Sportswriters get no respect from players Media: According to Men's Journal, players don't want to talk to print reporters.


January 25, 1998|By Michael Prager | Michael Prager,BOSTON GLOBE

Hey you! Bozo!

Yeah, you, reading this article.

Don't you know that nobody reads print journalism anymore, that in these days of television, radio, cable and the Internet, there's nothing left for us to say?

OK, so I'm extrapolating a bit, but that's just about the sorry theme of a wonderfully written story by Bob Drury in the February Men's Journal.

He's talking only about sportswriting, but after going through his wringer, I think I hear footsteps.

The picture is ugly from every angle: Athletes and coaches view reporters, particularly the print press, as "a roving pack of drooling hyenas." When one of them treats reporters with a morsel of respect, a San Francisco writer says off the record, "We lionize the guy."

Sportswriters used to attend practices, stay afterward, get to know the players. Now, Drury says, they're shut out, and "Beat writers are left to chase players through parking lots to get a moronic quote."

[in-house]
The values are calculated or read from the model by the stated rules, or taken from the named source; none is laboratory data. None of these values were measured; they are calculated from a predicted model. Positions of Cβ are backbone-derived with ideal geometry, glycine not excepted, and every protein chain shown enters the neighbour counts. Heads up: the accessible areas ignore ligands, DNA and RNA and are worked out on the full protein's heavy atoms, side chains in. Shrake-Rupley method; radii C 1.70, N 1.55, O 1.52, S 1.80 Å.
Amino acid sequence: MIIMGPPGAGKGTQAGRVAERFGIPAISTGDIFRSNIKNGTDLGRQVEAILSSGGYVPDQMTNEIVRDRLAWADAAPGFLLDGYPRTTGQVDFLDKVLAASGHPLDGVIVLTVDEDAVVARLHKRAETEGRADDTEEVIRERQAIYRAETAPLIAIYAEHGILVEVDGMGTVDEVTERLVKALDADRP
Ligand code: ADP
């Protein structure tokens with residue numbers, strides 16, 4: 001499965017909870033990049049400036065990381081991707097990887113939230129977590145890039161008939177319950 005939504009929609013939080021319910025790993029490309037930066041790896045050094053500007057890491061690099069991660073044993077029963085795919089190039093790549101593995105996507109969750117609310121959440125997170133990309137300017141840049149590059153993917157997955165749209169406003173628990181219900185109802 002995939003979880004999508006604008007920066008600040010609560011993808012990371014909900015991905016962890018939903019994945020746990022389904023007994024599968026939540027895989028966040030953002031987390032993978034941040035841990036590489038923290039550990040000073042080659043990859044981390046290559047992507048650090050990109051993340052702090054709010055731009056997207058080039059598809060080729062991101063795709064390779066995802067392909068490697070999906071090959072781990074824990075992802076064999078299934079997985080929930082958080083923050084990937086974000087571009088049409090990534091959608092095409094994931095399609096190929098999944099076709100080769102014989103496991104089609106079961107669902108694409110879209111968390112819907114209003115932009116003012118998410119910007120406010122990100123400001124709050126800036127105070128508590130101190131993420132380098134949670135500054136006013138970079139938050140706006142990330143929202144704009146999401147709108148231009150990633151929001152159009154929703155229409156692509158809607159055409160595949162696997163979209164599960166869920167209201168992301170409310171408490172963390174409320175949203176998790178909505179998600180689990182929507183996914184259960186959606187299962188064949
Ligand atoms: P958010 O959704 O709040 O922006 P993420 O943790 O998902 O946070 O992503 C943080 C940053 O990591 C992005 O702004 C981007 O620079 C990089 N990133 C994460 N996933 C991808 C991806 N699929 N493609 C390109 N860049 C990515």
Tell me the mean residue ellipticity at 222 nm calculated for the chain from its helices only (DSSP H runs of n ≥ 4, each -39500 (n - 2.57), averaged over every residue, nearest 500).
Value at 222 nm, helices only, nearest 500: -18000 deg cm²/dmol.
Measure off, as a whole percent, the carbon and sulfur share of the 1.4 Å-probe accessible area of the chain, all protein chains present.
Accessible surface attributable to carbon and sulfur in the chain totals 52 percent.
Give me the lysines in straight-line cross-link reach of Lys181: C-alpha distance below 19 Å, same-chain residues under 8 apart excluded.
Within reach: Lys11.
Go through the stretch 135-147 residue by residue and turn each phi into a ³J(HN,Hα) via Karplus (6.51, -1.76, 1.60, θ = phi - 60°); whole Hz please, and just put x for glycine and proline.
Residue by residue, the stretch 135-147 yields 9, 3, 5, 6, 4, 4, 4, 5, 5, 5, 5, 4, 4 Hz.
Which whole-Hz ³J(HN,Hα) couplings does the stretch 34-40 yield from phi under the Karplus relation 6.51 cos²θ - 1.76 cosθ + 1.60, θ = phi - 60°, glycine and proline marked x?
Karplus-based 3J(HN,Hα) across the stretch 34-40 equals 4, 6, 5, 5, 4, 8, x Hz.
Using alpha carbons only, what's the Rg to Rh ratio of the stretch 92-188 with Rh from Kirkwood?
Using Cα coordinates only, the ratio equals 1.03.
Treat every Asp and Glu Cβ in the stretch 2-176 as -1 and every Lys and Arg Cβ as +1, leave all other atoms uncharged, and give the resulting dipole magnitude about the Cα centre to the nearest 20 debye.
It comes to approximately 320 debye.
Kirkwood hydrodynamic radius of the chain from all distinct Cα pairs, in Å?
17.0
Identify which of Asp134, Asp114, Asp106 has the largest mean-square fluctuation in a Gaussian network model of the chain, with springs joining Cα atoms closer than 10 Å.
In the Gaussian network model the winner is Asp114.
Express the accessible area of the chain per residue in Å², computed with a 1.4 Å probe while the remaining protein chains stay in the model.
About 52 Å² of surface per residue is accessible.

Jimmy Johnson, the imperious (well, I think he is; all I know is what I read in the newspapers) coach of the Miami Dolphins, says the problem is that the electronic end gets to everything first: "What's left for the print guys to go after? I'll tell you what: a lot of [expletive] about who missed curfew or who failed a drug test or who got arrested. Who needs that?"

He and she

George magazine nods to Valentine's Day with a series of light (what else?) profiles of mostly Washington power couples, asking his-and-her questions such as "Name a sacrifice you made for your spouse" and "When are you the boss?"

It's amusing enough, although under the main headline, "Power Couples," on the cover are Robert De Niro and Al Pacino. Is there something going on here that we should know about?

Pub Date: 1/25/98

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